Big data startup Hapyrus rebrands as FlyData, raises $1.6M

From the left: Kei Hareyama (country manager), Koichi Fujikawa (founder/CEO), and Daniel Saito (vice president)

See the original story in Japanese.

Silicon-valley based Hapyrus, a Japanese startup focused on developing big data solutions, announced yesterday that it has raised $1.6 million from investors in Japan and the US, including 500startups. Coinciding with these funds, the startup will rebrand itself as FlyData and set up a local subsidiary in Japan.

The company is led by Japanese entrepreneur Koichi Fujikawa, who previously worked with a number of prominent Japanese startups like Dennotai (acquired by Yahoo Japan back in 2000), Simplex Technology (TSE:4340), and Sirius Technology (also acquired by Yahoo Japan, 2010).

They launched a new service called ‘FlyData for Amazon Redshift’ back in February, allowing automatic uploading and migration of data to Amazon Redshift, Amazon’s data-warehouse service. The decision to rebrand reflects the company’s intention to focus on providing and developing its FlyData service.

Fujikawa explained the rationale behind this change at a press briefing yesterday:

We’ve been originally developing middleware solutions for Hadoop, but I was so surprised when I saw Amazon Redshift for the first time. I thought that no other options besides Hadoop could deliver big data solutions that work, but in fact Amazon Redshift can do it for about $1,000 an year – extremely cheaper than conventional technology. When Amazon’s mentor team came to visit 500startups where we were residing, they gave us a complimentary account for Amazon Redshift. When we tried it, it yielded 10 to 100 times better performance than Hadoop. It was then that we were convinced that we could not win with Hadoop.

While an abundant of solutions for cloud data processing are available, many companies have difficulty in uploading their data, and for many, their data remains in an on-premises environment. We found that there will be a pressing need to solve this issue, which led us to focus on our FlyData business.


But it wasn’t easy reaching this conclusion. Fujikawa’s co-founders left the company because of a gap in their ideas about business strategy. But he believed in the potential of his business and raised $925,000 from investors in Japan and the US last summer. He succeeded in hiring competent workers through Japanese social recruiting platform Wantedly.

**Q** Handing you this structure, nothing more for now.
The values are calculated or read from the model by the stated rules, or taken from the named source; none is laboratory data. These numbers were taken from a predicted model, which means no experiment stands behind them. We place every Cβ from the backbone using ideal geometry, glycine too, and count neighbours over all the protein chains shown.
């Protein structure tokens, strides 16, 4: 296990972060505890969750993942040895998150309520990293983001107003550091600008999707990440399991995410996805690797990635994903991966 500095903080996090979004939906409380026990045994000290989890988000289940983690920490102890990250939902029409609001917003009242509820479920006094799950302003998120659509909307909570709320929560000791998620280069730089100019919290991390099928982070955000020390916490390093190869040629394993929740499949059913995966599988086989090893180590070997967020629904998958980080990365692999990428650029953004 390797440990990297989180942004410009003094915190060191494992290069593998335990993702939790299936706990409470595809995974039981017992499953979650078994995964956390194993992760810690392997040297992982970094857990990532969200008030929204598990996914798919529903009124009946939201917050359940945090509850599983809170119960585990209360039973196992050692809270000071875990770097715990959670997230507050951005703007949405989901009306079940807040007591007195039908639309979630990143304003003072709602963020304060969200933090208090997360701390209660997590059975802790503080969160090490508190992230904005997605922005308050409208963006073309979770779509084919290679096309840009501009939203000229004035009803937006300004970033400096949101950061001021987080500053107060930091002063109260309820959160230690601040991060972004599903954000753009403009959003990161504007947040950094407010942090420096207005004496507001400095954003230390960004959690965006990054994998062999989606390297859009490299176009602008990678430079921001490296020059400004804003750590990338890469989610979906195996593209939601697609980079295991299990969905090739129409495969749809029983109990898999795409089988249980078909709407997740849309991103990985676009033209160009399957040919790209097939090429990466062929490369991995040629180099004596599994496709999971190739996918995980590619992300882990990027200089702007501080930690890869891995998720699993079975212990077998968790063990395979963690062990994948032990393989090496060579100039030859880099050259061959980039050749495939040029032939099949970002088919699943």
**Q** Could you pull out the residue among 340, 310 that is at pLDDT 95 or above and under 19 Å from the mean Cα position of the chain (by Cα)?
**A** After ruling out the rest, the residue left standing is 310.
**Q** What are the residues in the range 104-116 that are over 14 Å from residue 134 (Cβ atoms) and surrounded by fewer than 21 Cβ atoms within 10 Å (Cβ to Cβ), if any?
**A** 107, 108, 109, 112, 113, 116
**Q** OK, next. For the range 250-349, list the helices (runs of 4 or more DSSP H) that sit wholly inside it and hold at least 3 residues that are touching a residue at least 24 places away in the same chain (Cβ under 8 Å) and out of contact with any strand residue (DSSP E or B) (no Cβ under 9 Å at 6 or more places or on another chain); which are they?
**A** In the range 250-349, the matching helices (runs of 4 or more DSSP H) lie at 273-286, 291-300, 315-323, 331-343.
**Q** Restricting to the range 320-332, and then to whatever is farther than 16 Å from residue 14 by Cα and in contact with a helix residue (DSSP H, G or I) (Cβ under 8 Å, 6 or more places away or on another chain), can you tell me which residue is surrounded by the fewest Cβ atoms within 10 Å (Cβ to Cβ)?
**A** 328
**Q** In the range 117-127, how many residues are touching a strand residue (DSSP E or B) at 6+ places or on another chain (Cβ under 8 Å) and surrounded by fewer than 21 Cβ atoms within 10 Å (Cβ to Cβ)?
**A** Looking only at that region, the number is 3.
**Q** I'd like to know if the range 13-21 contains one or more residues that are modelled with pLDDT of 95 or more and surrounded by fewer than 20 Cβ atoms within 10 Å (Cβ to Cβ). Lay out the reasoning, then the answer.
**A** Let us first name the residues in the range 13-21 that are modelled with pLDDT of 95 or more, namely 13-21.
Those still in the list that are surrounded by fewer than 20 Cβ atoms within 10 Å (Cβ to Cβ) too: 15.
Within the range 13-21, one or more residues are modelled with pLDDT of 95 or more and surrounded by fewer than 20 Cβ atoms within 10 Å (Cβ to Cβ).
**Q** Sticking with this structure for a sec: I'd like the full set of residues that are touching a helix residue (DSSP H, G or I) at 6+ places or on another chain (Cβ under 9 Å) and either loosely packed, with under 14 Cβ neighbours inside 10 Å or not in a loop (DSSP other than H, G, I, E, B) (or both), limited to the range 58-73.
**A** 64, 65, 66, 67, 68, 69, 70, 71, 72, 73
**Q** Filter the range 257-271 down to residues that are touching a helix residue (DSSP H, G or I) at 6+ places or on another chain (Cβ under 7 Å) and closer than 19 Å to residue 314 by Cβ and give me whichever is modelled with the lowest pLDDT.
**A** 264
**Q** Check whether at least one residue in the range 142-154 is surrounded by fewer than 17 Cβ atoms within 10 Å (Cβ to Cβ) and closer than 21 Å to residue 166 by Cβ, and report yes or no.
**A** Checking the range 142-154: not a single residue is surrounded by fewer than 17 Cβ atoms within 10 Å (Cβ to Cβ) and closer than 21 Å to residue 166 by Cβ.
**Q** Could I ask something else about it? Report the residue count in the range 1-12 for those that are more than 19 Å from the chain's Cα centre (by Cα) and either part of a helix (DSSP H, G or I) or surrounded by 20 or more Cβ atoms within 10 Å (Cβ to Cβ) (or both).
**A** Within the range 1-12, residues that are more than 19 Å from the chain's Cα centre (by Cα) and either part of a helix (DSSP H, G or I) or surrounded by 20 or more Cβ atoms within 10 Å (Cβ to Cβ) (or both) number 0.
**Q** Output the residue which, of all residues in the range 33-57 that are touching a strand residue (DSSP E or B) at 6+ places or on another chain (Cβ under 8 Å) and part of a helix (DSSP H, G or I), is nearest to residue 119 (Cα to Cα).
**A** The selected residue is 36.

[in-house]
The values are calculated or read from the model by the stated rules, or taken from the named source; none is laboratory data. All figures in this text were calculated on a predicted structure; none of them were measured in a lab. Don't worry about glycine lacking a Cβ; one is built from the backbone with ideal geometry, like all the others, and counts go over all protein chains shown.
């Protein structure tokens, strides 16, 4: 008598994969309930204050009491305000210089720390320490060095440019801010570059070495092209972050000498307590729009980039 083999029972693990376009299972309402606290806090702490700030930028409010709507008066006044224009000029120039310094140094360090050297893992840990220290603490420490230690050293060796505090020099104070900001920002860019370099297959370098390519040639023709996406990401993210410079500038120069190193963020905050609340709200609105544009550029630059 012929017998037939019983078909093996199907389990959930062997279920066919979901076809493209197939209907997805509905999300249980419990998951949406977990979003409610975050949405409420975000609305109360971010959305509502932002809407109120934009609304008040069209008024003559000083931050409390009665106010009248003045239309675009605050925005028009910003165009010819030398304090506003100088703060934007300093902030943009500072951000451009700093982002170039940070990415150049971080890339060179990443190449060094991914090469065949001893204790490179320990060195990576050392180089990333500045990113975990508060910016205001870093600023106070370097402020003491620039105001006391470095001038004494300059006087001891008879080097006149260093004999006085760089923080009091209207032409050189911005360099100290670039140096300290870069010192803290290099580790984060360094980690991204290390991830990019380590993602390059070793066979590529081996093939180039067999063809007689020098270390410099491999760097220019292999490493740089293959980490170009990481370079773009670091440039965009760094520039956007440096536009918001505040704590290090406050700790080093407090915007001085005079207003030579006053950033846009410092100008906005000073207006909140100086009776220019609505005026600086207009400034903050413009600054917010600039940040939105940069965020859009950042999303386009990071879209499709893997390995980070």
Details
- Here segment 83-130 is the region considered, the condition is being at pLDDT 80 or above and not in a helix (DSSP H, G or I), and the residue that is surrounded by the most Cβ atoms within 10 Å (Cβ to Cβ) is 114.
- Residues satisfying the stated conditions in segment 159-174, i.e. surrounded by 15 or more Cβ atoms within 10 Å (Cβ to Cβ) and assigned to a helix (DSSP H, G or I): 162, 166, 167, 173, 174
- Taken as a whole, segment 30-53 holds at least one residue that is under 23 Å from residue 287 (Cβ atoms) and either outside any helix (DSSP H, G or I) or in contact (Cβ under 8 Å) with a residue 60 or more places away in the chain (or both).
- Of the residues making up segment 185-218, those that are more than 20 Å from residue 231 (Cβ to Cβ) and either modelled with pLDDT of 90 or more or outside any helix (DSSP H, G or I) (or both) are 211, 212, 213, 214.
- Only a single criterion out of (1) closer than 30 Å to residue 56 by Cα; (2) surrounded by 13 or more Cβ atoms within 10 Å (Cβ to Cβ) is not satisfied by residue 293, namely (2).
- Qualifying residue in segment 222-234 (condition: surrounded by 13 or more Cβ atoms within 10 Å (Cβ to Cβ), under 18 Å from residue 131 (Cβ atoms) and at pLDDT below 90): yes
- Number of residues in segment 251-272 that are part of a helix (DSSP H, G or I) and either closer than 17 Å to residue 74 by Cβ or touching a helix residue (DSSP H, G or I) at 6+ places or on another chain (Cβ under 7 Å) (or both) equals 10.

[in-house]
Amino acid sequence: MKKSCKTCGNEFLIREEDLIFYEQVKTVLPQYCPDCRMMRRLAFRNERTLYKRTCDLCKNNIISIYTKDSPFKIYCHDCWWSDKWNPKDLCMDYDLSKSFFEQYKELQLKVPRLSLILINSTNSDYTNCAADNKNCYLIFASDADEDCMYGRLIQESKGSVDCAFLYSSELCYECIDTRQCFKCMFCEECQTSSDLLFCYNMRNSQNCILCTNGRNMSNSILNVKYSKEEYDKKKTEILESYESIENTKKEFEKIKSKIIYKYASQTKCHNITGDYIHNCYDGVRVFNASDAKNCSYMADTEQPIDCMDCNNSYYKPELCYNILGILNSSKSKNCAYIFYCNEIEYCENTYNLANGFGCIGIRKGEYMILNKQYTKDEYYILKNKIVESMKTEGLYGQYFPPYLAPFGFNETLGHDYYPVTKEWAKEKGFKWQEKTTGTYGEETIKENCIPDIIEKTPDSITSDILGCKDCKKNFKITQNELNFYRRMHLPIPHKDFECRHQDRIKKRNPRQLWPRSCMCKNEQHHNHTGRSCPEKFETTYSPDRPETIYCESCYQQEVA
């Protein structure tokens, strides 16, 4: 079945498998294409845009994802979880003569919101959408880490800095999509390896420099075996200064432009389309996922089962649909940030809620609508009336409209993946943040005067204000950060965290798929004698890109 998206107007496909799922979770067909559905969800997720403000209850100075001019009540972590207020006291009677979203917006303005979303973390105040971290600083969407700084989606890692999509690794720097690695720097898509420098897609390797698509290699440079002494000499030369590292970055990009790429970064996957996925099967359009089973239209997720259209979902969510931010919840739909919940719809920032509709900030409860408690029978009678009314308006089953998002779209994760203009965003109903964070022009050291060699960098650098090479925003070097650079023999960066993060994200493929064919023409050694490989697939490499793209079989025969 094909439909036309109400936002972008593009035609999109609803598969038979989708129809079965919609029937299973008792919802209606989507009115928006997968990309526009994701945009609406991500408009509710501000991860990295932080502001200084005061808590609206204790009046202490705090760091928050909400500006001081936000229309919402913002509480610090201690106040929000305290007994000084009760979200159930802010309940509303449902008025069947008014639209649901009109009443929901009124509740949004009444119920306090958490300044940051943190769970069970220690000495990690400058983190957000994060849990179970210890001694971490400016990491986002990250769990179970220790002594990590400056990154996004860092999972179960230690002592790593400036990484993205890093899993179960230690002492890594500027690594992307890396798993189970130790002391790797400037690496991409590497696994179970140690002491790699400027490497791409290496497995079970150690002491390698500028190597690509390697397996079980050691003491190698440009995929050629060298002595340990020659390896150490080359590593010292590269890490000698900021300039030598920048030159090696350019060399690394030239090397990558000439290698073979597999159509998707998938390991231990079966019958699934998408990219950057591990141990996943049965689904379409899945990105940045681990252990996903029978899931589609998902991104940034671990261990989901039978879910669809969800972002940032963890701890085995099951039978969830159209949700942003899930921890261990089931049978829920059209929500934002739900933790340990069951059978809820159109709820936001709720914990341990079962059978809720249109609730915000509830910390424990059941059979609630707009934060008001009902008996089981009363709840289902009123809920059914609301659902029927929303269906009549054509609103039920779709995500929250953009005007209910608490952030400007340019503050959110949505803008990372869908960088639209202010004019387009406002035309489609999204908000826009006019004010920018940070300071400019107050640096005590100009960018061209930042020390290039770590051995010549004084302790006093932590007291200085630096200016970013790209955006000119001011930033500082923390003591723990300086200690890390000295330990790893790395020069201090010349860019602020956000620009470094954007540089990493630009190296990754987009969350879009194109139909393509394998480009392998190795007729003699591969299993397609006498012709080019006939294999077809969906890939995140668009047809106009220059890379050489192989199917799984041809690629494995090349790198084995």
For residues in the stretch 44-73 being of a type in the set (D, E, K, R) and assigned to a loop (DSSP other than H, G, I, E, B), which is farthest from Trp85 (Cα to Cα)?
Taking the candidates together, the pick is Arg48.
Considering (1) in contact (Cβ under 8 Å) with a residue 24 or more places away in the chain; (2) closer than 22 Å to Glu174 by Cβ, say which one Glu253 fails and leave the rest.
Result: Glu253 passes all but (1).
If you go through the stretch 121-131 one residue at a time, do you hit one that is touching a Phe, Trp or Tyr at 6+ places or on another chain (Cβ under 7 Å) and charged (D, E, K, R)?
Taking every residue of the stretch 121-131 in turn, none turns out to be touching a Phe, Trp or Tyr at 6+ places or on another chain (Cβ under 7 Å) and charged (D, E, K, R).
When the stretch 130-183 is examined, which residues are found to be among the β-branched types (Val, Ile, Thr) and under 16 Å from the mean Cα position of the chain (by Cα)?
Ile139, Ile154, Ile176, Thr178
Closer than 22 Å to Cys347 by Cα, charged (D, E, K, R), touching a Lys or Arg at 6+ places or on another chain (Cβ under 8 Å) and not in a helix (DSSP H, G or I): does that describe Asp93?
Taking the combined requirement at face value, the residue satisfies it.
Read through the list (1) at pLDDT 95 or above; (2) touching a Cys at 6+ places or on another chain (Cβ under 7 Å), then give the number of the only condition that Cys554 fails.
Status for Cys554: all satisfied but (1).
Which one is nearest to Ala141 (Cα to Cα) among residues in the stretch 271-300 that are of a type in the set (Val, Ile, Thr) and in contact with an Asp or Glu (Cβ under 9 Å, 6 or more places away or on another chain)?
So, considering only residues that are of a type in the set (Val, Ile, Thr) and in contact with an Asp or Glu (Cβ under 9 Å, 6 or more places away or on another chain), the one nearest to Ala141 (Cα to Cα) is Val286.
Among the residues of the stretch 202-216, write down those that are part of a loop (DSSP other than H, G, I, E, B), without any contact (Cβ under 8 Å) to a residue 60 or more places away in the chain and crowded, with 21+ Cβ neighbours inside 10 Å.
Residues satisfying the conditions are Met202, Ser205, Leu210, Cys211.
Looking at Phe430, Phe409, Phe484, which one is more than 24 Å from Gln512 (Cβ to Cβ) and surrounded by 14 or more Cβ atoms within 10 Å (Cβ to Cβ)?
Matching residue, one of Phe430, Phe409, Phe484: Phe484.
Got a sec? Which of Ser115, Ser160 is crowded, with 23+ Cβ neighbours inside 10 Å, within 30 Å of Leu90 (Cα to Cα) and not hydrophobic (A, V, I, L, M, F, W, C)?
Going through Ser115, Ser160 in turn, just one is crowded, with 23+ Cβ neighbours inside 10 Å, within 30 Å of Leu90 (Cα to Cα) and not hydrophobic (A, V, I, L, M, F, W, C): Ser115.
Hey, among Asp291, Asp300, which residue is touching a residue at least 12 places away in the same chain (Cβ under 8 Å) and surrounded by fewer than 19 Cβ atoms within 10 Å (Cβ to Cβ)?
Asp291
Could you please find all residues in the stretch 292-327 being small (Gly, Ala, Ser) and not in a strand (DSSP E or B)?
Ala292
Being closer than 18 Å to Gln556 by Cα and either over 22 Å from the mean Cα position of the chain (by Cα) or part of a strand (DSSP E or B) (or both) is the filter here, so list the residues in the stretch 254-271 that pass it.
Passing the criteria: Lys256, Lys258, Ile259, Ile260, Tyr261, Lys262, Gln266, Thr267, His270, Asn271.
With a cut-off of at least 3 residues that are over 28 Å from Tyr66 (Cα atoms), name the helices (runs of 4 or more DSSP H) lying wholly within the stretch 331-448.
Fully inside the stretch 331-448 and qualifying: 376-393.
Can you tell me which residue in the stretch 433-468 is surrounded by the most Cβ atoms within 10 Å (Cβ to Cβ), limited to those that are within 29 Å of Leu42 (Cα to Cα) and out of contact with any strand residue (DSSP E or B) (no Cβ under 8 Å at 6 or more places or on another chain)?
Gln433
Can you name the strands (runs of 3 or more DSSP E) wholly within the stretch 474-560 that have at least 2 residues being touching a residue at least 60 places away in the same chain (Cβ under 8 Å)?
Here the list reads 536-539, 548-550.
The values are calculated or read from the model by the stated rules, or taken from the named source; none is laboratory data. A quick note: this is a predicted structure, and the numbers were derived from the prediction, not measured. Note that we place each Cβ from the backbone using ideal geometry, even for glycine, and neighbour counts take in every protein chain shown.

For companies, since FlyData technology uploads your data from an on-premise RDBMS (rational database management system) to cloud-based data warehouses like Amazon Redshift, you need to install a FlyData component on your RDBMS server. The component for MySQL is available for now, and components for PostgreSQL, Oracle, and Microsoft SQL Server will follow soon.

Since the 2013 launch, FlyData for Amazon RedShift has acquired more than 40 corporate users and has over 40% growth in sales every month. They’ve seen a striking increase in the growth here in Japan, across sectors like social gaming, ad tech, and digital marketing. Fujikawa noted that they have prominent clients like Brightroll, Upworthy, Datalot, Enish, and Tokyo Otaku Mode.

FlyData is also a qualified member of the Amazon Redshift Partners program, where we can find a number of their competitors, including Informatica, Talend, Attunity, and SnapLogic. Fujikawa explained a little more about their advantage over these competitors:

From my perspective, Informatica and Talend has many problems in supporting cloud platforms. And Attunity and SnapLogic have not yet made an impact in the Japanese market. In terms of a presence in Japan and the Asia Pacific region, I believe we have an advantage.

Furthermore, Amazon is good at cloud computing but is not as good with data located that’s located in a client’s on-premise environment. But we can handle it, so that we think we’re a good complementary service to Amazon. For the time being, we are currently providing the service for Amazon, which is leading this space, but partnering with other platforms like Google Big Query might be a potential option for us in the future.

Along with the launch of their subsidiary in Japan, a number of notable individuals have joined their management team. Their vice president of sales and international growth Daniel Saito co-founded Rimnet (one of Japan’s oldest internet providers, later acquired by PSINet) and was involved in launching MySQL K.K. Kei Hareyama was appointed as the country manager for the Japanese market, bringing over 12 years experience in the data analytics sector to the table.

In Japan, we’ve seen quite a few startups providing business centric services for global markets. On a related note, Treasure Data, another notable Japanese startup focused on big data solutions, also received angel investment worth $2.75 million back in 2012, with funds coming from several investors including Jerry Yang (Yahoo co-founder) and Yukihiro ‘Matz’ Matsumoto (the inventor of the Ruby programming language).